Nick Allard (Dean, Brooklyn) and David Brennen (Dean, Kentucky) weigh in on last week's post, Kent Syverud And Dan Rodriguez On The GRE/LSAT Debate:
Nick Allard (Dean, Brooklyn):
I embrace and completely agree with Dan's and David's responses to Kent, and thank them for stating their position ever so much more eloquently, diplomatically, and persuasively than I could possibly have done.
For the record, contrary to Kent's suggestion, I have not, nor has anyone at Brooklyn Law School, been "pitched" by ETS, nor have we decided to begin to consider GREs in a measured way as a reaction to any kind of pressure. As I mentioned to some of you a few years ago when a portion of an "all deans' meeting" was devoted to discussing how deans should deal with stress, I didn't quite understand the exercise because I give rather than get stress. Seriously, at BLS, as I assume at many schools, we have given the question of whether to rely on another entrance test in addition to the LSAT very careful fact based consideration over quite a long period of time. Our decision is also based on our view of the breadth of ability, knowledge and skills that are now useful and in demand for our graduates in the new world of law, in contrast to what that world looked like, and what conventional wisdom about legal education was when the LSAT was designed. Frankly, it is much harder to come up with plausible reasons why not to consider in a careful fashion the GREs of candidates than it is to continue to rely on the LSATs exclusively.
As someone who worked professionally as a lawyer lobbyist for the better part of three decades I appreciate and respect fine lobbying, including the use of highly effective surrogates like Kent who we all justifiably admire. In fact, I frequently encountered while representing clients on the other side of monopolies in the telephone, cable television, and pharmaceutical industries the monopolies' arguments that their monopoly was good for the public because they alone uniquely knew what was best for consumers and what consumers needed and also that the advent of competition would necessarily cause them to cut quality and services. However, the fact is that competition and choice are good. I credit Kellye Testy, our highly regarded former colleague and leader, contrary to Kent's suggestion, for finally beginning to improve LSACs service and performance and bringing it more into the 21st century -- precisely because of the prospect of competition.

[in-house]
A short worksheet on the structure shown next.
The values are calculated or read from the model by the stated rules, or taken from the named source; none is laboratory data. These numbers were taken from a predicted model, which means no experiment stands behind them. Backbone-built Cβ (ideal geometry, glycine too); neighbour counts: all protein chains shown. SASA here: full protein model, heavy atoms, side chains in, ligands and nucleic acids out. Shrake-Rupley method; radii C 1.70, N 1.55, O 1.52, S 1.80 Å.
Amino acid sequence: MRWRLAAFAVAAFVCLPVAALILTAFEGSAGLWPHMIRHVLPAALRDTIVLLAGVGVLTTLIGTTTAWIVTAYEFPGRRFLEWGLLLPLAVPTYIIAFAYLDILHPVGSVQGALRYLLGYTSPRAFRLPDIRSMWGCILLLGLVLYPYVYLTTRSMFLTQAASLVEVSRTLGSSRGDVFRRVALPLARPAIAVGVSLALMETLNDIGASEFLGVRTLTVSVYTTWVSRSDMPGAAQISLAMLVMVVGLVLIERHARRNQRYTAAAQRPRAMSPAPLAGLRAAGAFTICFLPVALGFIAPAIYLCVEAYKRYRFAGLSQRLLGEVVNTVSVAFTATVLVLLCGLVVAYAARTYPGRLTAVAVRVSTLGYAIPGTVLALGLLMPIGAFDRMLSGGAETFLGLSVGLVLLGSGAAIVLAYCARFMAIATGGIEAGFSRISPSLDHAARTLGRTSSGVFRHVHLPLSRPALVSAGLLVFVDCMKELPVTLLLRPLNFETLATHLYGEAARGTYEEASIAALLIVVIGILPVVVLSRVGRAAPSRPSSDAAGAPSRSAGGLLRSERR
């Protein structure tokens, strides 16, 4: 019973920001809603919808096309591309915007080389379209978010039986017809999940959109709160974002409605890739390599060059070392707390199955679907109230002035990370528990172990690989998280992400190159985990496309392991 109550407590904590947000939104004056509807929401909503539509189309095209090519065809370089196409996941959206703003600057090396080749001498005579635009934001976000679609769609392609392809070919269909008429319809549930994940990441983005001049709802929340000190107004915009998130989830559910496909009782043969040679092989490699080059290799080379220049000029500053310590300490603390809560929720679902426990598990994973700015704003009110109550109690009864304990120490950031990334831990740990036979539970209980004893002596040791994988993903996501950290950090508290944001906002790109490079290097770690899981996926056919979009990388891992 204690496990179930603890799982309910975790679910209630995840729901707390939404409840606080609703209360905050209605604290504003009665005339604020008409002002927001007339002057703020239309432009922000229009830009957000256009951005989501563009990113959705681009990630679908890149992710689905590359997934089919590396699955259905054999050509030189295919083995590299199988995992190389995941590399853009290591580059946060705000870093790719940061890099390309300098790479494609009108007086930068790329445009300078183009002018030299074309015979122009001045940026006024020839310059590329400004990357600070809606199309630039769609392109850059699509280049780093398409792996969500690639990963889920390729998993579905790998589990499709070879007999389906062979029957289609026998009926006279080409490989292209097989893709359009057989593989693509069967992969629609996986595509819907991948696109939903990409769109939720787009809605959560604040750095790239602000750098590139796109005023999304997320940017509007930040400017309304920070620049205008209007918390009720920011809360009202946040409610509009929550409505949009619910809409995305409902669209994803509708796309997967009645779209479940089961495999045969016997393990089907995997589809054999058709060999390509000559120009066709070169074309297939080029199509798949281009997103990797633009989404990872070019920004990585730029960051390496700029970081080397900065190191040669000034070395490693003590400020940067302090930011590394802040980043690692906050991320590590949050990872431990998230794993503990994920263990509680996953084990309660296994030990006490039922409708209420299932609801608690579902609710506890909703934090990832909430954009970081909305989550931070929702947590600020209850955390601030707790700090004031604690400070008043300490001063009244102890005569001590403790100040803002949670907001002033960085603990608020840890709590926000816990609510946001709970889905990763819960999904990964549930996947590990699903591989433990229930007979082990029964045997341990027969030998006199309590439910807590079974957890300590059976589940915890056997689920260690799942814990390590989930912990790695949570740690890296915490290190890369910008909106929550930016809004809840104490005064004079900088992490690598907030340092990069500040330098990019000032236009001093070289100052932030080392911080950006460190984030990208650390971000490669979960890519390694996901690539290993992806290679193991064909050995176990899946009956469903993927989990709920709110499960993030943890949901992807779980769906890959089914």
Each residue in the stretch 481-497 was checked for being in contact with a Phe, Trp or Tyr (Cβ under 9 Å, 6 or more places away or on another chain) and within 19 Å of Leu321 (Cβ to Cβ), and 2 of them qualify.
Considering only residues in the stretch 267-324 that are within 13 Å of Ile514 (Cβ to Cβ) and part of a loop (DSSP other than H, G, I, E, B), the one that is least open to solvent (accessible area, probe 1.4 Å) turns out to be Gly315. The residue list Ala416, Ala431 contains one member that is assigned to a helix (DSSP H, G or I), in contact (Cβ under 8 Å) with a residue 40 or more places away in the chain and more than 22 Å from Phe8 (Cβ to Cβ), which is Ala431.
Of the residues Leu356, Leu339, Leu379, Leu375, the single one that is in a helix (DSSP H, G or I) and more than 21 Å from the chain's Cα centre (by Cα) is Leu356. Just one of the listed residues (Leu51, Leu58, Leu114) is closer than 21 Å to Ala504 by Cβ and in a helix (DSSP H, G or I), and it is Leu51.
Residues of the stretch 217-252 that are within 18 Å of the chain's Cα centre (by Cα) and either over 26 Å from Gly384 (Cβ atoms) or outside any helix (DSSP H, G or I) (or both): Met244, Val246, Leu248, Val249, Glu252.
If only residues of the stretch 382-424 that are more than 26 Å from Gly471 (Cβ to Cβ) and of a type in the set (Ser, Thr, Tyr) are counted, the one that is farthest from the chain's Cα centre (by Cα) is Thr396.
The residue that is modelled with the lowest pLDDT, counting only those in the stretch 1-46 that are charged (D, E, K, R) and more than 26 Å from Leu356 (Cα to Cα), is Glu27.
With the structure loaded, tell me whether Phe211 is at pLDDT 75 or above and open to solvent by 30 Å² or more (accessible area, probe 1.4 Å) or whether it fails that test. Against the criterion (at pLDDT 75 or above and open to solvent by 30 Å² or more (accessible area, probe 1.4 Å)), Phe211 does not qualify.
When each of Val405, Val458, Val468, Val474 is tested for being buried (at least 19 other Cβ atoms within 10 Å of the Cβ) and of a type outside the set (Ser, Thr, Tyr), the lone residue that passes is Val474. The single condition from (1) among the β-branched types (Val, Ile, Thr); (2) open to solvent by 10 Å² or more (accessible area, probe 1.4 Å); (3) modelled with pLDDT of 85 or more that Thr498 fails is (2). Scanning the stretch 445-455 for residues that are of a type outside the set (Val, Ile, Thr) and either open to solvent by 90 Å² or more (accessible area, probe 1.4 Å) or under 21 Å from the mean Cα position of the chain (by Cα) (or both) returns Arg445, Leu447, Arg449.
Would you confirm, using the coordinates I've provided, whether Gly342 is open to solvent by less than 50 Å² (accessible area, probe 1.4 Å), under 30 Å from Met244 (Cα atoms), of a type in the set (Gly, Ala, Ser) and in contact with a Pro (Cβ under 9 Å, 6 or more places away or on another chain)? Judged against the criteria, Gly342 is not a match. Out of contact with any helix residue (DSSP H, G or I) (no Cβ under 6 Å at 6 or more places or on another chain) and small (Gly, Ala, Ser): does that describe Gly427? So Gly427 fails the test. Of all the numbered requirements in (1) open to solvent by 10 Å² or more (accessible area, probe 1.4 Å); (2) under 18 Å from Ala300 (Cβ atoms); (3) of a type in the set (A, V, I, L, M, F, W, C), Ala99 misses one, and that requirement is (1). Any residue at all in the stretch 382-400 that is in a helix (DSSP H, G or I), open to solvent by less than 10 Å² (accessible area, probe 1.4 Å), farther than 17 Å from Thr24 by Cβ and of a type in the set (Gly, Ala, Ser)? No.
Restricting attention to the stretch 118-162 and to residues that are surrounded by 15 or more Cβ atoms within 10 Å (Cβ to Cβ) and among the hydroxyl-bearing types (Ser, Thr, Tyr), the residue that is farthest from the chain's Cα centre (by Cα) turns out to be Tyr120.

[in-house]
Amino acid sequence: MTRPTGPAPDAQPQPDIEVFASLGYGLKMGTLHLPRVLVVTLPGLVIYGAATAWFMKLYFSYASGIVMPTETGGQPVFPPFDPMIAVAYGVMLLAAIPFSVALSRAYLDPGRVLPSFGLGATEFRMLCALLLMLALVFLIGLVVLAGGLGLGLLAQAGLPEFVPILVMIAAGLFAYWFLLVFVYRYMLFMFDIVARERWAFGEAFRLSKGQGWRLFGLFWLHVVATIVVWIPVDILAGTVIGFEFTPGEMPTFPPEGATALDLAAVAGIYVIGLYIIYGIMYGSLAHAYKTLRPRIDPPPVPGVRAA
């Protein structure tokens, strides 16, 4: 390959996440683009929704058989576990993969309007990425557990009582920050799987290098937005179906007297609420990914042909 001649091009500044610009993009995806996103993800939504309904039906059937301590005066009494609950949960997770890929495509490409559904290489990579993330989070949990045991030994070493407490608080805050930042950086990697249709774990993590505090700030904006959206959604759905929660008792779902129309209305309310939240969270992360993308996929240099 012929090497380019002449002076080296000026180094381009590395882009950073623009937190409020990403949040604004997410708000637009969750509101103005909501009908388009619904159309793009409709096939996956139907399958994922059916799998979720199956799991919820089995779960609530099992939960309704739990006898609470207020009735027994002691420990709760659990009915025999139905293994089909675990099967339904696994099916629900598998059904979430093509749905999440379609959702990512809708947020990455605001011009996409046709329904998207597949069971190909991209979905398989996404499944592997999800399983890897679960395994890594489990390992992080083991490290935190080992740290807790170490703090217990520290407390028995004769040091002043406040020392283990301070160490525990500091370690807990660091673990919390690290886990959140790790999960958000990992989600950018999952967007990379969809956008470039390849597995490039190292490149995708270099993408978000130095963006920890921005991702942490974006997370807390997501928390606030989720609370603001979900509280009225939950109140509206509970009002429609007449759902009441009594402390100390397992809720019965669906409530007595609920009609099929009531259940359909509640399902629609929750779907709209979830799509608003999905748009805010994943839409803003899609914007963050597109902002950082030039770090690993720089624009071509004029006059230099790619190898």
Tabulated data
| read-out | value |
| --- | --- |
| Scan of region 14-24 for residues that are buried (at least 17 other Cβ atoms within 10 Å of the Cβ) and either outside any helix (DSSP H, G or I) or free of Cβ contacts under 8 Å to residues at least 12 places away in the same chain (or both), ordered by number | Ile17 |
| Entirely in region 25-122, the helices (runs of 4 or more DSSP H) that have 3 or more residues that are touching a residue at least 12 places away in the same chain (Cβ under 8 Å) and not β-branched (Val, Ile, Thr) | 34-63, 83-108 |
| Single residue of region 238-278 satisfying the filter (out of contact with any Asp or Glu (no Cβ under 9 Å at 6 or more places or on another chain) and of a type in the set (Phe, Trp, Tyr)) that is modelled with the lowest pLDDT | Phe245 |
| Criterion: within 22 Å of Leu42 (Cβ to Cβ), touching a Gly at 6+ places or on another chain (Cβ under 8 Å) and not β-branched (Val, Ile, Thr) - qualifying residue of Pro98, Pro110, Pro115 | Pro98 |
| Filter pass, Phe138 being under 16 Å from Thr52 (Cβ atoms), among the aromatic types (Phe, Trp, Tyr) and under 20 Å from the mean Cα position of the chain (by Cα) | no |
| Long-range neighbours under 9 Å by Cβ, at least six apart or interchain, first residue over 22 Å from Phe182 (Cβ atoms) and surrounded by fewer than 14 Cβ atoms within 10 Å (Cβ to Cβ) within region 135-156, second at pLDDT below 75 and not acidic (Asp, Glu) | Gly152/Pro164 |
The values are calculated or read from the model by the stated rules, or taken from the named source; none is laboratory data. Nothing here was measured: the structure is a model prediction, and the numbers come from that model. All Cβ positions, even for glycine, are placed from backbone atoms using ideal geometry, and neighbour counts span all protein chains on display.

A final note. It is my understanding that LSAC is a membership organization. Accordingly it is curious that a membership organization might in making the case about the superiority of its product cast aspersions on the motives of its members ( i.e. Its members choosing the GRE are trying to manipulate rankings ), its members' good faith ( trying to fill seats with less qualified students ), and their competence ( that schools , say for example, schools other than so-called elite schools cannot be expected to be able to make sensible admissions decisions without being tied to the LSAT).
David Brennen (Dean. Kentucky)
I couldn't agree with you more on this. It is indeed strange to, say the least, that Kent made this statement as opposed to Kellye (the one about potential reductions in LSAC support of its law school members). I wholeheartedly agree that LSAC should re-assess its business model in light current realities. This reassessment may result in less financial support of law school admission related activities. However, that sort of decision should be based upon a complete of analysis of all that has occurred in the legal education environment over the past decade, and not simply the increase in the number of law schools that adopt the GRE as an admissions assessment tool.